The worst seems to be over for nursing home chain Vencor, Louisville, Ky.
The company, on the cusp of ending 18 months in bankruptcy, reported last week it had slashed losses by more than 90% to $53.6 million, or 78 cents per share, in 2000 from $683.2 million, or $9.72 per share, in 1999. Revenue climbed 8.4% to nearly $2.9 billion.
Investors are showing their approval of Vencor's reorganization plan by bidding up the prices of its bank debt and bonds, said Tom Shinkle, a healthcare analyst at Imperial Capital, a Beverly Hills, Calif.-based brokerage and investment bank. The equity that lenders and bondholders will receive from the reorganization, when compared with the discount on Vencor's debt, implies a stock value of $27.50 per share, Shinkle said.
Vencor is expected to emerge from bankruptcy by May 1 and then will be renamed Kindred Healthcare.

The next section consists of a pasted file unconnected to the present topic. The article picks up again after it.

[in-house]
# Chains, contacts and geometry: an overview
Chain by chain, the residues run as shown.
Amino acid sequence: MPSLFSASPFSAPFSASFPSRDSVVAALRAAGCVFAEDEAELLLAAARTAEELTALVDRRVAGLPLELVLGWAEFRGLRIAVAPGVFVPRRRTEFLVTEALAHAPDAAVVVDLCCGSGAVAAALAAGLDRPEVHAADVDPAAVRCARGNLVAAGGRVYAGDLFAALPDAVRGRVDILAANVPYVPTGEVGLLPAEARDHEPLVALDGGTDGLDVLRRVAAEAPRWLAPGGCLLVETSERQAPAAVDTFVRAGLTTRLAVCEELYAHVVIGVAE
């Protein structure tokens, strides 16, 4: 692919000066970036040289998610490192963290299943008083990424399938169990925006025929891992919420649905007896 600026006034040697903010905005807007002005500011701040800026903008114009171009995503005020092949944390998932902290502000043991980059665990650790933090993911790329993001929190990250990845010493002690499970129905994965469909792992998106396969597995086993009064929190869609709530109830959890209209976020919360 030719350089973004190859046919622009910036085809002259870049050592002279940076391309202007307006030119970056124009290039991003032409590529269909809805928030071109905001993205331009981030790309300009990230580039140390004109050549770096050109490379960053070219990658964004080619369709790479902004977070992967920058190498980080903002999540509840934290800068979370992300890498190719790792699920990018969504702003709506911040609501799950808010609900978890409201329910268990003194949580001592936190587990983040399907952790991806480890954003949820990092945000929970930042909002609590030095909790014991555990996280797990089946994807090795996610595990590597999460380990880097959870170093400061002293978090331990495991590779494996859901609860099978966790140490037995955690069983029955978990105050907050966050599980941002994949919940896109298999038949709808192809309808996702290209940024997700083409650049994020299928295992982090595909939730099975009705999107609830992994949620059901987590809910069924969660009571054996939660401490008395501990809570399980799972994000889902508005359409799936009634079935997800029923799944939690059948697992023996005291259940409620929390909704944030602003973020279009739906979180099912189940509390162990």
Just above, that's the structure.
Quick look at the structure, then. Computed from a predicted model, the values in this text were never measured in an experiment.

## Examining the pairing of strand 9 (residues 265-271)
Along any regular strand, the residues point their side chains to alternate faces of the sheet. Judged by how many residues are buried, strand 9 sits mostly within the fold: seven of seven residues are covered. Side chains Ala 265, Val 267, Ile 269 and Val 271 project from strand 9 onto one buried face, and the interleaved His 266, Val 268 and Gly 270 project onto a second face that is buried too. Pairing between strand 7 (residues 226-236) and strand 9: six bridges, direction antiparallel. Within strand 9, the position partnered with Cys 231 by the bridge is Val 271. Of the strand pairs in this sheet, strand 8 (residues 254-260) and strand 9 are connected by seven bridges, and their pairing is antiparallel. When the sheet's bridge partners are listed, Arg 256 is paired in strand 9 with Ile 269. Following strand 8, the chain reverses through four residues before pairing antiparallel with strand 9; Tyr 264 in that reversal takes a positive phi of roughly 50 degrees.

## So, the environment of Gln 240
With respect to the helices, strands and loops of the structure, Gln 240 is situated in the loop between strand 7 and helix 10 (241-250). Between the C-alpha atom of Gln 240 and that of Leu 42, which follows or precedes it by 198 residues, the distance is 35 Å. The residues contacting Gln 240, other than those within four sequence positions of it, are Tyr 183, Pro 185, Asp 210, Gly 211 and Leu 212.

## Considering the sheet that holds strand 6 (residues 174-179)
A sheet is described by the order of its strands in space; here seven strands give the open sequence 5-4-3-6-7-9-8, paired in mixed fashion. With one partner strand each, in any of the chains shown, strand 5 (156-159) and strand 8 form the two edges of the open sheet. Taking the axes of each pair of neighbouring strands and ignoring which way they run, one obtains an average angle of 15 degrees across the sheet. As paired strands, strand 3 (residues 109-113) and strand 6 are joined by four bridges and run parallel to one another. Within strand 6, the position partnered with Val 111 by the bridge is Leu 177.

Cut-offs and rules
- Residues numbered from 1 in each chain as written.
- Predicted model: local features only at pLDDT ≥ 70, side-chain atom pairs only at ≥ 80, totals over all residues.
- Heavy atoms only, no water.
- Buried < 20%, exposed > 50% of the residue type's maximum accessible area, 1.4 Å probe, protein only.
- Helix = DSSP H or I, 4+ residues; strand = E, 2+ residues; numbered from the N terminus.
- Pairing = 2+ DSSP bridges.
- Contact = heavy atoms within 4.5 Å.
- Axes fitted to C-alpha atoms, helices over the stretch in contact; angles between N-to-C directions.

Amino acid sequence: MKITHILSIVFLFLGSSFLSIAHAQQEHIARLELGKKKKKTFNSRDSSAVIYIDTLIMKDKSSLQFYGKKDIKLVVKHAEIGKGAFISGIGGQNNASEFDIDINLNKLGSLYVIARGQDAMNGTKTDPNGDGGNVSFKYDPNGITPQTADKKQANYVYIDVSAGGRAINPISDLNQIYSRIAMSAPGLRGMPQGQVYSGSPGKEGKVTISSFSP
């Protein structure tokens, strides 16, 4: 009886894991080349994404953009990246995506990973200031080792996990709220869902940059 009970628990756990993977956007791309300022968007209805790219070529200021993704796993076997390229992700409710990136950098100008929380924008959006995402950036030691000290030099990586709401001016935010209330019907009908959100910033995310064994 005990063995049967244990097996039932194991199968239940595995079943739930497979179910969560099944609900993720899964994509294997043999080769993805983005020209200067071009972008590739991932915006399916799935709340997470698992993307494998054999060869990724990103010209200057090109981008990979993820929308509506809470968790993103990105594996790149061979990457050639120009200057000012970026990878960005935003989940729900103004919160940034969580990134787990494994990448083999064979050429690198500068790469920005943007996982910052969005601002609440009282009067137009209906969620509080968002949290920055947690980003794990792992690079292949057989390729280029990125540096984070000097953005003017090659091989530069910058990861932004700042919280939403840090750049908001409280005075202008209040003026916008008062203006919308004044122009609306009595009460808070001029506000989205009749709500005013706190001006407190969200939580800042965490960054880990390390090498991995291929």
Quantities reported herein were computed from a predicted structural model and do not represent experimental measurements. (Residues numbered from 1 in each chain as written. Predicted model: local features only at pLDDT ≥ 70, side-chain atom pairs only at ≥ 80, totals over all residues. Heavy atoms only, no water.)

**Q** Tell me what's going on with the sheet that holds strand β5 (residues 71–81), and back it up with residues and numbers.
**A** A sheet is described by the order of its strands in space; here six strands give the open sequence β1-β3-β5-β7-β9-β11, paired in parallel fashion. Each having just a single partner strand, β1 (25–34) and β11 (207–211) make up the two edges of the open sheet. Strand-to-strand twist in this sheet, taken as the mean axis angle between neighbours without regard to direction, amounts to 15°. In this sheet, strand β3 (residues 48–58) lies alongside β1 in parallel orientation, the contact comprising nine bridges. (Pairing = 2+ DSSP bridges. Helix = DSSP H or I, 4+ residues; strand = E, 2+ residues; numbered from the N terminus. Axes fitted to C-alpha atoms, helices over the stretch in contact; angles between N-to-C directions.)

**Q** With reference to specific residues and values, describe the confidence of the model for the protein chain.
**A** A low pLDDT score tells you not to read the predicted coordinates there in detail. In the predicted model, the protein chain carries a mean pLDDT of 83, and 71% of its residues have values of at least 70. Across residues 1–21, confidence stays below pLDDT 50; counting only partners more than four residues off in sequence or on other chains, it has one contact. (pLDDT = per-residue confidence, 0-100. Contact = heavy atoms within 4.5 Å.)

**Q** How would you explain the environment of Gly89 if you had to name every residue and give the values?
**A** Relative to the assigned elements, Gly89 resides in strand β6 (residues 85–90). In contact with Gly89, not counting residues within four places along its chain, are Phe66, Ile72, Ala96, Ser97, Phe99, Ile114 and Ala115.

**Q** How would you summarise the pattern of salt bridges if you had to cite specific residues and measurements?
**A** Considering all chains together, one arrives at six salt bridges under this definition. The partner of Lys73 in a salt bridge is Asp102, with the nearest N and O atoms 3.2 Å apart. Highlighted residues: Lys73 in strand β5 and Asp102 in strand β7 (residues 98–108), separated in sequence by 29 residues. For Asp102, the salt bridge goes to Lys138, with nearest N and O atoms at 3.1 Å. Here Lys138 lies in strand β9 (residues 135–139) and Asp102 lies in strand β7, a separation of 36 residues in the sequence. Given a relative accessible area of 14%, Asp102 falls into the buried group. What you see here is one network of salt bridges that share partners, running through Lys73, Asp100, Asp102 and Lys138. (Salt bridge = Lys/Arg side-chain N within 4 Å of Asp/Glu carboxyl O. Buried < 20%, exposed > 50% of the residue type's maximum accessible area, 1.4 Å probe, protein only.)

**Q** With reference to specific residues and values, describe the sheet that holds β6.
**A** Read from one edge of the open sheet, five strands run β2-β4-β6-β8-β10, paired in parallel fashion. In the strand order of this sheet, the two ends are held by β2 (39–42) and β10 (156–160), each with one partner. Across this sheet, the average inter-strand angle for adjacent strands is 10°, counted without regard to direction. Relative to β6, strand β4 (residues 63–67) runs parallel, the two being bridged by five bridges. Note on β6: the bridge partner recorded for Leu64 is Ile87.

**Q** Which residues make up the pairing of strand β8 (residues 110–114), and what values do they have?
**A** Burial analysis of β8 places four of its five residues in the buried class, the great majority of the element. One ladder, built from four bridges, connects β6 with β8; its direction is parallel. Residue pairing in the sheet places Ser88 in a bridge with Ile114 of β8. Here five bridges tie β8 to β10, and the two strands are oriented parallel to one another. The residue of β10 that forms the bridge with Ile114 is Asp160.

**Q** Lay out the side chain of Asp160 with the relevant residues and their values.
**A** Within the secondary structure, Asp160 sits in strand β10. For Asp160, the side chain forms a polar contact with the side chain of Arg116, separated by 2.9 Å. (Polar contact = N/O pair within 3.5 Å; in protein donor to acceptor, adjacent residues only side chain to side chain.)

The company and its landlord, Ventas, a Louisville-based real estate investment trust spun off from Vencor, also received good news on their settlement of federal False Claims Act charges.
Confirming a deal first reported in Modern Healthcare's Daily Dose, the U.S. Justice Department announced last week it had accepted a $104.5 million settlement of Medicare fraud charges predating the 1998 spinoff of Ventas. The Justice Department said the agreement is the largest False Claims Act settlement based on failure to provide adequate care.
Vencor and Ventas also will repay $90 million in overpayments received from Medicare and pay $25 million to resolve nonfraud Medicare claims. The companies already have paid back about one-third of the $90 million.
The former Vencor employees whose lawsuits initiated the investigation will collect $15 million from the settlement.